Expert Commentary on the Liao Era Zuling Mausoleum Ruins at Bairin Zuoqi banner in Inner Mongolia
From：Chinese Archaeology Writer： Date：2009-02-20
Expert Commentary By :Qi Dongfang, Professor at Peking University's School of Archaeology and Museology.
Professor Qi Dongfang's commentary focussed on four aspects concerning the new archaeological discoveries made at the Liao Era Zuling Mausoleum ruins which he felt were of particular significance.
First of all, the importance of an archaeological discovery is based on the peculiarities of the ruins. Imperial mausoleums from earlier dynasties often exhibit innovative features and have had their influences on the mausoleum systems of succeeding dynasties, thus acting as links between the past and the present. This excavation unearthed the first imperial mausoleum dating from the Liao Dynasty, that of Emperor Yelu Abaoji and his consort, a discovery which is innovative and significant.
Second, the importance\of an archaeological discovery depends on the viewpoint of academic history. Archaeological research on Liao Era mausoleums began over half a century ago with the excavation of the Qingling mausoleum. From 1895 to 1945, Japanese historians and archaeologists spent half a century conducting the first-ever surveys of the north-eastern provinces and Inner Mongolia. As a result, practically all of the archaeological research conducted on Liao Dynasty mausoleums during the first half of the 20th Century had been carried out by Japanese scholars. These days, archaeological surveys and excavations are carried out independently by Chinese scholars and archaeologists and is an achievement we should be proud of as far as academic history is concerned.
Third, the importance of an archaeological discovery depends on the practicality of the discovery. Nowadays, if an archaeological discovery or academic achievements are importance are not just a matter of Chinese archaeology. They should be placed into the context of world archaeology for comparison study. During the past few years, two projects on the archaeological research of Liao Dynasty mausoleums have been undertaken. The first was in 2004, when Japan's Kyoto University initiated a project entitled “Royal Sovereignty and monument”. One of the sub-projects was the “Academic Survey of Liao Culture and the History, status quo and Environment of the Qingling Area”. The results of this survey were published in 2005. The other was an academic re-evaluation of the findings made by Torii Ryuzo and a team of archaeologists from Kyoto University before WWII. The archaeological investigation conducted at the Liao era Zuling mausoleum should thus be seen as a response by the Chinese archaeological community to the demands of world archaeological circles. The work conducted and the visible results of their labour confirm the development and strength of Chinese archaeology.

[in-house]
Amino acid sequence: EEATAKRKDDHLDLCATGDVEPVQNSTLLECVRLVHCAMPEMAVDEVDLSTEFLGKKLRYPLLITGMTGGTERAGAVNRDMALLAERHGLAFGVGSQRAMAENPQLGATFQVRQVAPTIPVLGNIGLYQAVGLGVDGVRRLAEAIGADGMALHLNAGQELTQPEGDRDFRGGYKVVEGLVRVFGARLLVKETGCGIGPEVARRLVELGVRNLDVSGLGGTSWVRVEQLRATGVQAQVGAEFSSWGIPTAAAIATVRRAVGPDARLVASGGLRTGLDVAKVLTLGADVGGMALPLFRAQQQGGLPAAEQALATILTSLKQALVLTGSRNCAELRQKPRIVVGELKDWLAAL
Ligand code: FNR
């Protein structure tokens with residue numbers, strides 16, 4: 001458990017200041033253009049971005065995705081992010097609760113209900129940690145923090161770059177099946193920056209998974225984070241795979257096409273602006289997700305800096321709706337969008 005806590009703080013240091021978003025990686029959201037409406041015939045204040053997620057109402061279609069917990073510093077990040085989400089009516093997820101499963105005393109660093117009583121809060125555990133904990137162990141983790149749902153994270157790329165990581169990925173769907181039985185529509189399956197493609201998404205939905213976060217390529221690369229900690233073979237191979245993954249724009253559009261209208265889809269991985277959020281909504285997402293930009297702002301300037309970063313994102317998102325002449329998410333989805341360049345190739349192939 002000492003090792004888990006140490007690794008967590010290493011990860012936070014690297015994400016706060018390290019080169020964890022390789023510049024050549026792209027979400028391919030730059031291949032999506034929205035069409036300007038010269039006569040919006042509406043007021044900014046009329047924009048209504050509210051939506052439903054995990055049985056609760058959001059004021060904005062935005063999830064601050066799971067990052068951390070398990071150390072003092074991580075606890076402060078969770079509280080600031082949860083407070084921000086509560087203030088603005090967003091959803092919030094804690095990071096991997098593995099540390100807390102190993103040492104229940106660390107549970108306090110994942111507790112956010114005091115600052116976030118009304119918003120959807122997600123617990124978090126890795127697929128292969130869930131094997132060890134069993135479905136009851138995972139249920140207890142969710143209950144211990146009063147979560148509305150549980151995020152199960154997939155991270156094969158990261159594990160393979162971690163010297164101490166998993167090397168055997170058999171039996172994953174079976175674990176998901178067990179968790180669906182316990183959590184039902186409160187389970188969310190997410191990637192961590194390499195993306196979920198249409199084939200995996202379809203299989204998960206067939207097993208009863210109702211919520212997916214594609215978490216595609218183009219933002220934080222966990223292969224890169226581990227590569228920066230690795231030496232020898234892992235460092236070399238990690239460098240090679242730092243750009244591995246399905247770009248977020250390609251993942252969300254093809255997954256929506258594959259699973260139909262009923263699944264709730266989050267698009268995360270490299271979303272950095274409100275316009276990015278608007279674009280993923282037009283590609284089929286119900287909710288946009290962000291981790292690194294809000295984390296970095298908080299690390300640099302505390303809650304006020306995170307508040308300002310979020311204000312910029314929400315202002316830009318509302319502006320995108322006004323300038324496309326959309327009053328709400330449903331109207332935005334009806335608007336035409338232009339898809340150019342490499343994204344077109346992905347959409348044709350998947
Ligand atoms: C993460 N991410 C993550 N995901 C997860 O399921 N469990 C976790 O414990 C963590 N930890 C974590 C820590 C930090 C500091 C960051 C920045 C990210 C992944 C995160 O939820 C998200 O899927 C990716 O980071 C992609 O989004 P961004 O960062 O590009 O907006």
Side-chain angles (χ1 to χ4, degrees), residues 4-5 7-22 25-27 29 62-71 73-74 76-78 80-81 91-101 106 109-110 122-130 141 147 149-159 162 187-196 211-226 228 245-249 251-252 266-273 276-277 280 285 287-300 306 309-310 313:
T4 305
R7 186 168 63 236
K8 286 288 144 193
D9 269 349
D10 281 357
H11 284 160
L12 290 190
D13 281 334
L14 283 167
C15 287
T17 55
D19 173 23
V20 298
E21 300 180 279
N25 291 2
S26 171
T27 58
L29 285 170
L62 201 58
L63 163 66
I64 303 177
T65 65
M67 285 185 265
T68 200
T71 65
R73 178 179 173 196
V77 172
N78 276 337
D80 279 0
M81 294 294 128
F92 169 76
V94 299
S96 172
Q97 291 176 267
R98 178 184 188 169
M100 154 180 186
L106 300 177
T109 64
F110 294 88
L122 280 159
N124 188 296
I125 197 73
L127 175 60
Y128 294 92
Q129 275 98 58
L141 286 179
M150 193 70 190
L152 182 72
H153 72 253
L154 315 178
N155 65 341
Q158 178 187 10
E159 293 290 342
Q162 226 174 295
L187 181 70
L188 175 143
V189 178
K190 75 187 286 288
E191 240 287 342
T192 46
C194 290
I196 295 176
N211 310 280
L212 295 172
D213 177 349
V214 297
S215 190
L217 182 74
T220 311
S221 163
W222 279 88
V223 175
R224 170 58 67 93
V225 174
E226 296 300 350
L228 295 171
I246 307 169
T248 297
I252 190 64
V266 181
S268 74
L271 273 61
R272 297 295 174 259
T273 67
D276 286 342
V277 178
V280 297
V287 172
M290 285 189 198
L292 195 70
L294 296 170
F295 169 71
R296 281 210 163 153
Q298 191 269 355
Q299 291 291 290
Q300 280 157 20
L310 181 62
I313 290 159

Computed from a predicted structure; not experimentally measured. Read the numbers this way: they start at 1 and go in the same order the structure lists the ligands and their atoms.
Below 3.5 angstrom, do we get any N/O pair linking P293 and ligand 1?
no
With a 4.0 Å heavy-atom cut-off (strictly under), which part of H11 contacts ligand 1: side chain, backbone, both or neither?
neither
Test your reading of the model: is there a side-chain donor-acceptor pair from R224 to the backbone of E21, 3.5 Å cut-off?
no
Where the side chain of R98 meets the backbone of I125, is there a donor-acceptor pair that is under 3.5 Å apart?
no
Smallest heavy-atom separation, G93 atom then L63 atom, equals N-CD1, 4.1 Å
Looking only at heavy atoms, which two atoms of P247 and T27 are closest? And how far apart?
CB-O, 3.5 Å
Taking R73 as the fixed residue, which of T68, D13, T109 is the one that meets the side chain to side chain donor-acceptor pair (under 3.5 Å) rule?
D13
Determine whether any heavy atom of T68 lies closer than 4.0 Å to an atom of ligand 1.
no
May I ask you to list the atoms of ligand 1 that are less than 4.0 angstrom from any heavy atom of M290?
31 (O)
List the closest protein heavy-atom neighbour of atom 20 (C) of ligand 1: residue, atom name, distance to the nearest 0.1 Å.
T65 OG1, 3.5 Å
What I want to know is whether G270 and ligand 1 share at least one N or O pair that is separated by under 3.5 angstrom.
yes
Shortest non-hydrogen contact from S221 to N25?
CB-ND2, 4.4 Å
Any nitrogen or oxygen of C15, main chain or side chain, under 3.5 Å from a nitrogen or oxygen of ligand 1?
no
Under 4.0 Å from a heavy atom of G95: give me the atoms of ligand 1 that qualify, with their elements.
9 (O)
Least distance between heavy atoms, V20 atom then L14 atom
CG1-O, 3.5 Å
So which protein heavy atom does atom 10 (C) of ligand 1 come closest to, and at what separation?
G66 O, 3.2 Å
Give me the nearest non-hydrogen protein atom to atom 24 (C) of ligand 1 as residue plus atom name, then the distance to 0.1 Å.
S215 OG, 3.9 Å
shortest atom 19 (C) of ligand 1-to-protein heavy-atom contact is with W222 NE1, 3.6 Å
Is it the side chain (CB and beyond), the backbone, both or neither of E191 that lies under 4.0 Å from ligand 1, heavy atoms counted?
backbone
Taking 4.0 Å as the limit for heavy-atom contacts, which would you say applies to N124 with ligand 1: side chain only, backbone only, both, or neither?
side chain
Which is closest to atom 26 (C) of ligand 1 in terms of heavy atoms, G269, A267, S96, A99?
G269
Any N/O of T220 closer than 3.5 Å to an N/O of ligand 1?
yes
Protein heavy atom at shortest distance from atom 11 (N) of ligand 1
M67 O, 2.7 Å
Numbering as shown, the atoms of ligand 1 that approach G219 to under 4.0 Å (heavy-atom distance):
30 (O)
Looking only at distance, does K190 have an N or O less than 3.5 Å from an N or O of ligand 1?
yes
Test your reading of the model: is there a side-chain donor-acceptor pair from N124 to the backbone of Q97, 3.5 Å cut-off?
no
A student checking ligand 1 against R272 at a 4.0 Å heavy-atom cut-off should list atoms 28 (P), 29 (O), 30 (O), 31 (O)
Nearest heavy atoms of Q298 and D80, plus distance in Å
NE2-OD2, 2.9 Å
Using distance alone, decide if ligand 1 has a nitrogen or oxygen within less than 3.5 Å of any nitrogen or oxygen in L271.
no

Fourth, from the standpoint of present-day archaeological research in post-reform China, Liao Dynasty archaeology has yielded some outstanding results, e.g. the tomb of the Chen State Princess, the tomb of Yelu-Yuzhi and the tomb at Tuerji Mountain. However, very few surveys and excavations have been carried out at Liao era mausoleums. The knowledge garnered from the survey and excavation of the Liao Dynasty Zuling mausoleum site will play an important role in establishing a new framework of Liao Dynasty archaeological research.
Participants discussed the class and identities of the occupants of Satellite Tomb Number 1, the distribution of satellite tombs in the Zuling mausoleum, and the layout and orientation of the foundations of the Group A (甲) structures as well as the ages of the gilded silver double phoenix ornament and glassware unearthed there. Translated by Kelly McGuire